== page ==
Mechanism of cell death

As the Bcl-2 family protein Mcl-1 is an important inhibitor of apoptosis in CLL, we investigated the effect of silvestrol on Mcl-1 expression in CLL patient cells before cell death. By immunoblot, we observed a substantial reduction in Mcl-1 protein with silvestrol in most cases as early as 4 hours, and in all samples before 16 hours. Mcl-1 reduction preceded cell death as measured by either MTT assay or PI uptake, and also could be observed before substantial processing of the caspase substrate polyADP-ribose polymerase (PARP), suggesting the caspase independence of this particular effect. Furthermore, pan-caspase inhibitors Z-VAD-fmk and Boc-D-fmk were unable to effectively block silvestrol-mediated Mcl-1 reduction, although they did prevent PARP cleavage (Figure 3A). These inhibitors also moderately reduced silvestrol-mediated cytotoxicity at later time points (24-48 hours), as examined by both PI uptake and MTT assays. However this effect did not reach statistical significance (data not shown), suggesting the possibility that silvestrol also induces non–caspase-mediated cell death. Because CLL cells in culture typically exhibit variable levels of spontaneous apoptosis together with caspase activation, we confirmed this Mcl-1 observation using the 697 ALL cell line. As shown in Figure 3B, Mcl-1 protein is reduced after silvestrol treatment before evidence of caspase activation as determined by cleavage of PARP. Because Mcl-1 is a known substrate of the proteasome, we then tested whether the proteasome inhibitor bortezomib could inhibit silvestrol-mediated Mcl-1 loss. Bortezomib alone increased the level of Mcl-1 protein with as little as 4 hours of exposure, indicating that proteasomal degradation of Mcl-1 is ongoing in untreated CLL patient cells ex vivo (Figure 3C). However, bortezomib was unable to substantially inhibit silvestrol-induced Mcl-1 protein reduction. These results suggest that Mcl-1 reduction is an early consequence of silvestrol exposure, and is not due only to apoptosis-related caspase or proteasome activity.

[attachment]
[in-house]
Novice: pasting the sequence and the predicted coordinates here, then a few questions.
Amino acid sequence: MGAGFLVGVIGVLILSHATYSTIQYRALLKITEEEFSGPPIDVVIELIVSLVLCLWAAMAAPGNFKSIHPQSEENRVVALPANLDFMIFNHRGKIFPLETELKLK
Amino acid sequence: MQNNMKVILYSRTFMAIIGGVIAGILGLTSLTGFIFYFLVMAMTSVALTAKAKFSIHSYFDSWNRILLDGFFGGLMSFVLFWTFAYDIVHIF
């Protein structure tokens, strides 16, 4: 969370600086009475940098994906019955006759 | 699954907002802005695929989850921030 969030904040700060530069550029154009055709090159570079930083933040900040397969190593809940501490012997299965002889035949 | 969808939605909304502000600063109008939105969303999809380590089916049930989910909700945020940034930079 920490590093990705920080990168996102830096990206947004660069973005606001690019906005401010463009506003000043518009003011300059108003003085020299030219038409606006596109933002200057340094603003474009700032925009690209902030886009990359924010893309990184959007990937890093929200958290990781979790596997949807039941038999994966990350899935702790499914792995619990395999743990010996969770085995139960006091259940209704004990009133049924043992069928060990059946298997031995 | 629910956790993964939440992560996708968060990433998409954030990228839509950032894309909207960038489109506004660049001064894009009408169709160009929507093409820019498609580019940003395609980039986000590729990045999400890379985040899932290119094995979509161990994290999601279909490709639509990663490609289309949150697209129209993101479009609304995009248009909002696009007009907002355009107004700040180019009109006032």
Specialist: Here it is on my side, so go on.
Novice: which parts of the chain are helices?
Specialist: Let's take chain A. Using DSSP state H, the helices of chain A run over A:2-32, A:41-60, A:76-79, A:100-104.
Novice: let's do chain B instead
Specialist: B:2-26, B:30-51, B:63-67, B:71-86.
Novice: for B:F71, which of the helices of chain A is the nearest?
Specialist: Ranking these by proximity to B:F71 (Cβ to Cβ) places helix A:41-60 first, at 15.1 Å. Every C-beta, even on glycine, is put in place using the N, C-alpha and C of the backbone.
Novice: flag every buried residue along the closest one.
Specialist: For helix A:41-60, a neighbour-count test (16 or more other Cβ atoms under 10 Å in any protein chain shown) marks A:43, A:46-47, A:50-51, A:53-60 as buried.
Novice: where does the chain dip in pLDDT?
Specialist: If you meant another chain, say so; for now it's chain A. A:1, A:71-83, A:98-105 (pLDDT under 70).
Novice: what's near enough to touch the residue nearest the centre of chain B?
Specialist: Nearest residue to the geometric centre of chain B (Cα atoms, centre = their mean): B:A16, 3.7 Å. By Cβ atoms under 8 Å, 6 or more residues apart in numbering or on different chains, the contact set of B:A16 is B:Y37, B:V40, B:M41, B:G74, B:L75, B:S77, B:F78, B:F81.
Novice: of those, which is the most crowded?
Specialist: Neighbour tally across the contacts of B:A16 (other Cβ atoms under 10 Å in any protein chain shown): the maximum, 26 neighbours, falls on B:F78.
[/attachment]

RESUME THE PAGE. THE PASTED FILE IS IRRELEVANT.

Figure 3

Silvestrol effects on Mcl-1 expression. (A) Silvestrol mediates caspase-independent Mcl-1 reduction: CLL cells treated with 80 nM silvestrol, 100 μM cycloheximide (CHX), or 25 μM F-ara A for 16 hours with or without caspase inhibitors Z-VAD-fmk or Boc-D-fmk (100 μM) were analyzed for Mcl-1 protein expression by immunoblot. Results are shown from 1 of 4 identical experiments. All samples tested to date showed substantial Mcl-1 protein reduction by this time point after silvestrol treatment. (B) Silvestrol-mediated Mcl-1 reduction in 697 acute lymphoblastic leukemia (ALL) cells is distinct from caspase activity: 697 ALL cell line was incubated for 8 hours with or without 80 nM silvestrol or 200 nM flavopiridol, and lysates were examined by immunoblot. (C) Silvestrol-mediated Mcl-1 reduction is independent of proteasome activity: CLL patient cells were treated with 80 nM silvestrol, 100 μM cycloheximide (CHX), or 200 nM flavopiridol for 4 or 8 hours, with or without 50 nM bortezomib. Lysates were analyzed for PARP and Mcl-1 expression by immunoblot.